Friday, 31 October 2008

DV8 and Verbatim Theatre

DV8, in all honesty was not how I thought it was going to be at all. My preconceptions were thrown out of the window. I thought I was going to watch an 80's style DV8 Peice. Instead I was faced with a very modern, up to date piece of Verbatim theatre which fused modern music, dance, technology and the words of real peoples stories about their experiences of Homo/sexuality, culture and religion. And I thought it was fantastic.

It was how I thought Verbatim theatre should be, theatrical, factual, moving, un-nerving and showed me the stories about these particular communities. It was realistic in the sense that it wasn't one sided, it showed both sides of opinion, the religious fanatics who think Homosexual practice is wrong, and those who think it right and those who think its wrong but practice it anyway.

The fact that I knew the stories where true really helped me to connect with the action on stage, I felt emotional connections with these stories because I knew that they were fact, it was real and therefore hit me harder than a fictional story could.

It made me think about community in the sense of how we rarely see these communities, especially if you are a white, straight female such as myself. The afro-carrabian communities who are gay, forced to hide, same for muslim homosexuals who cannot truly be themselves in public due to the fact they will constantly be abused if they do.

Lloyed Newson himself describes how he and his partner at the time in the early 1990's went on a gay pride march that went through an area of Brixton that was predominantly afro-caribbean and experienced abuse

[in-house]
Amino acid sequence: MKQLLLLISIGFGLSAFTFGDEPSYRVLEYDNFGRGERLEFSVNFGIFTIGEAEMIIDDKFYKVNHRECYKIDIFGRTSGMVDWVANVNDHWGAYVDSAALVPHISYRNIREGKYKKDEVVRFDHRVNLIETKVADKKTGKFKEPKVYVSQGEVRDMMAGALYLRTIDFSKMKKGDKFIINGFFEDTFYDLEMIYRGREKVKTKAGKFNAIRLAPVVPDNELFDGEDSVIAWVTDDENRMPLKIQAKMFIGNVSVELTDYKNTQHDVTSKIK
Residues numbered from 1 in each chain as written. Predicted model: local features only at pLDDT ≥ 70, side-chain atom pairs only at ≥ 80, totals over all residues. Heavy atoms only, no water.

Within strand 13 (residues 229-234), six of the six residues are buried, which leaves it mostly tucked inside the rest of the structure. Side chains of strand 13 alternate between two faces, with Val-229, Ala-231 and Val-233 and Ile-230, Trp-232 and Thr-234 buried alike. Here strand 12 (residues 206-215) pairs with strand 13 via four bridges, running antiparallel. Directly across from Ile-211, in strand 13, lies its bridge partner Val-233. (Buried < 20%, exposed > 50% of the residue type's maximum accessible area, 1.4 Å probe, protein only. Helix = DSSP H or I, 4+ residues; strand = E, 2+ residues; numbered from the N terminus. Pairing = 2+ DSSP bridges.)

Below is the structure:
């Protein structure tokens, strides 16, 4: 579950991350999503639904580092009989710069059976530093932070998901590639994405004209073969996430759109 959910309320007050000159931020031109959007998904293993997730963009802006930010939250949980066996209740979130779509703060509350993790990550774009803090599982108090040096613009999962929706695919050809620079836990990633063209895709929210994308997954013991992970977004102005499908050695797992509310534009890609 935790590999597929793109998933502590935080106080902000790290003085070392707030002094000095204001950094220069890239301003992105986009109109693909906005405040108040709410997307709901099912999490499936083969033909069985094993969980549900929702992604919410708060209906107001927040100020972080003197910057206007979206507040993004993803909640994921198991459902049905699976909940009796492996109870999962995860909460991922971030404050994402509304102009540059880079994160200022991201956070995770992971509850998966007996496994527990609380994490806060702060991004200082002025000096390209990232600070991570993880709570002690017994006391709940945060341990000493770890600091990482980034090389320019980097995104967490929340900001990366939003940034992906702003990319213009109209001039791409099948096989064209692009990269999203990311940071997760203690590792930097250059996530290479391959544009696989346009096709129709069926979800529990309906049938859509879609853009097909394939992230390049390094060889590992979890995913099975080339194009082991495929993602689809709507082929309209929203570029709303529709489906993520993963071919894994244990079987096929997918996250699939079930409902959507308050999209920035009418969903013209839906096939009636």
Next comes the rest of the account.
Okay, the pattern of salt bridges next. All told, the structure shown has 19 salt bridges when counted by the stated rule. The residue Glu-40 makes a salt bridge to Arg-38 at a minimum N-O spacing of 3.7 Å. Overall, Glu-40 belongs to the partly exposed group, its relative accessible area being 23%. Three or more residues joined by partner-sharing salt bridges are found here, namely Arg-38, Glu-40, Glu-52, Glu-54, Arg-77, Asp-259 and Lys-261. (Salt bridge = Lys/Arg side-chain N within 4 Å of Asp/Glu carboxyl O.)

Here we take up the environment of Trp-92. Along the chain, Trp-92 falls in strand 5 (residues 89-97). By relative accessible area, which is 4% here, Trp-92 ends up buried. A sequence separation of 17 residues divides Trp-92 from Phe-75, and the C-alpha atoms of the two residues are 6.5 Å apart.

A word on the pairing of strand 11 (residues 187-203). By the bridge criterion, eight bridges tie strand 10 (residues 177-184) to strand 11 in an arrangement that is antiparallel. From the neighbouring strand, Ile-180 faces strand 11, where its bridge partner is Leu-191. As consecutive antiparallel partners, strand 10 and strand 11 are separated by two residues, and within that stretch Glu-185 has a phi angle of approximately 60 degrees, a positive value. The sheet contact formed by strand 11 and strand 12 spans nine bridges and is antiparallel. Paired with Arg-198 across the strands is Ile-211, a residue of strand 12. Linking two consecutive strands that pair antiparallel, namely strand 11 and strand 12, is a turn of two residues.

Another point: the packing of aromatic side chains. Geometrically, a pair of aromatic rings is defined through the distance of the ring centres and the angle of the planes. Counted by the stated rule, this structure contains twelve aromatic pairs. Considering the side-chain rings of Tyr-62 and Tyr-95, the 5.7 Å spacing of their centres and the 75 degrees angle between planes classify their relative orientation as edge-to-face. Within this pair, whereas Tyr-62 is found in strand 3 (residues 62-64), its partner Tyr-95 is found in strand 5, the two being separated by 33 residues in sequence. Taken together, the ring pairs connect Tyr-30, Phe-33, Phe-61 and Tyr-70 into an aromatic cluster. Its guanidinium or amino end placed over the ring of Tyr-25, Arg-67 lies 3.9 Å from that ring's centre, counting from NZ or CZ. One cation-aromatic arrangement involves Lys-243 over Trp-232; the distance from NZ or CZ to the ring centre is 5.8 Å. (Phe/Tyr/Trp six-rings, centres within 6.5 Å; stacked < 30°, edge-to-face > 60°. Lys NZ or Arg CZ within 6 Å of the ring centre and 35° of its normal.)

'I was struck my the fact that people who themselves are part of a minority, many of whom must have experienced racism and racist abuse first-hand, were so willing to be abusive towards another minority' (Newson, cited from the To be Straight with You programme which I shall reference properly later)

This is interesting as it shows how minorities, or small communities can still have things against each other, they can still hate what other communities do, even though their own comminity is constantly under threat.

Friday, 24 October 2008


I had never heard of this style of Theatre before but rapidly became interested on what it could do for an audience

'The intimacy of the interview makes the audience feel as if the characters are talking to them directly and the relationship I had with the interviewee is that which the audience experiences. However the fact that these private moments have been transported into a public arena is what makes them all the more surprising, especially as they are re-enacted with the uncanny immediacy that the technique produces. The way people communicate in real life is far more absurd and inarticulate than we realize if we take time to stop and listen to it.'
This interested me bacause the hard facts that are presented on stage is directly presenting the opinions of people that might not necessarily be heard. One example that we heard was a play that was about soldiers fighting in Iraq where the audience got an idea of what they were experiencing through the medium of theatre.
We then talked about our own Verbatim Theatre project concerning Binge Drinking as it is something that is a common problem, not only in St Mary's College but nationally. The ambulance crew was called out many times during Freshers week due to students drinking too much, one person needed an ambulance twice in one week due to execive drinking. We talked about how older generations tend to binge drink as well and the fact that the drinking we do now as twenty-somethings could lead to problems later in life. Our task for reading week therefore is to interview people about binge drinking such as the paramedics who get called out due to alcohol related problems, taxi drivers, parents, pub landlords, freshers and the SU and AU presidents.

Sunday, 19 October 2008

Cardboard Citizens and Forum Theatre

Although I already had an idea of what Forum Theatre was before I went into the Theatre I still didn't know exactly what to expect.

The performers weren't the polished 'shiny' drama school born actors that you might expect when you watch a show yet they pulled off a powerful, raw and touching piece of theatre which completely three my preconceptions. They told us three stories, one about a social worker having a tough time, a philipeono woman who was taken to work in England but was treated badly when she started the job and one about a boy in care.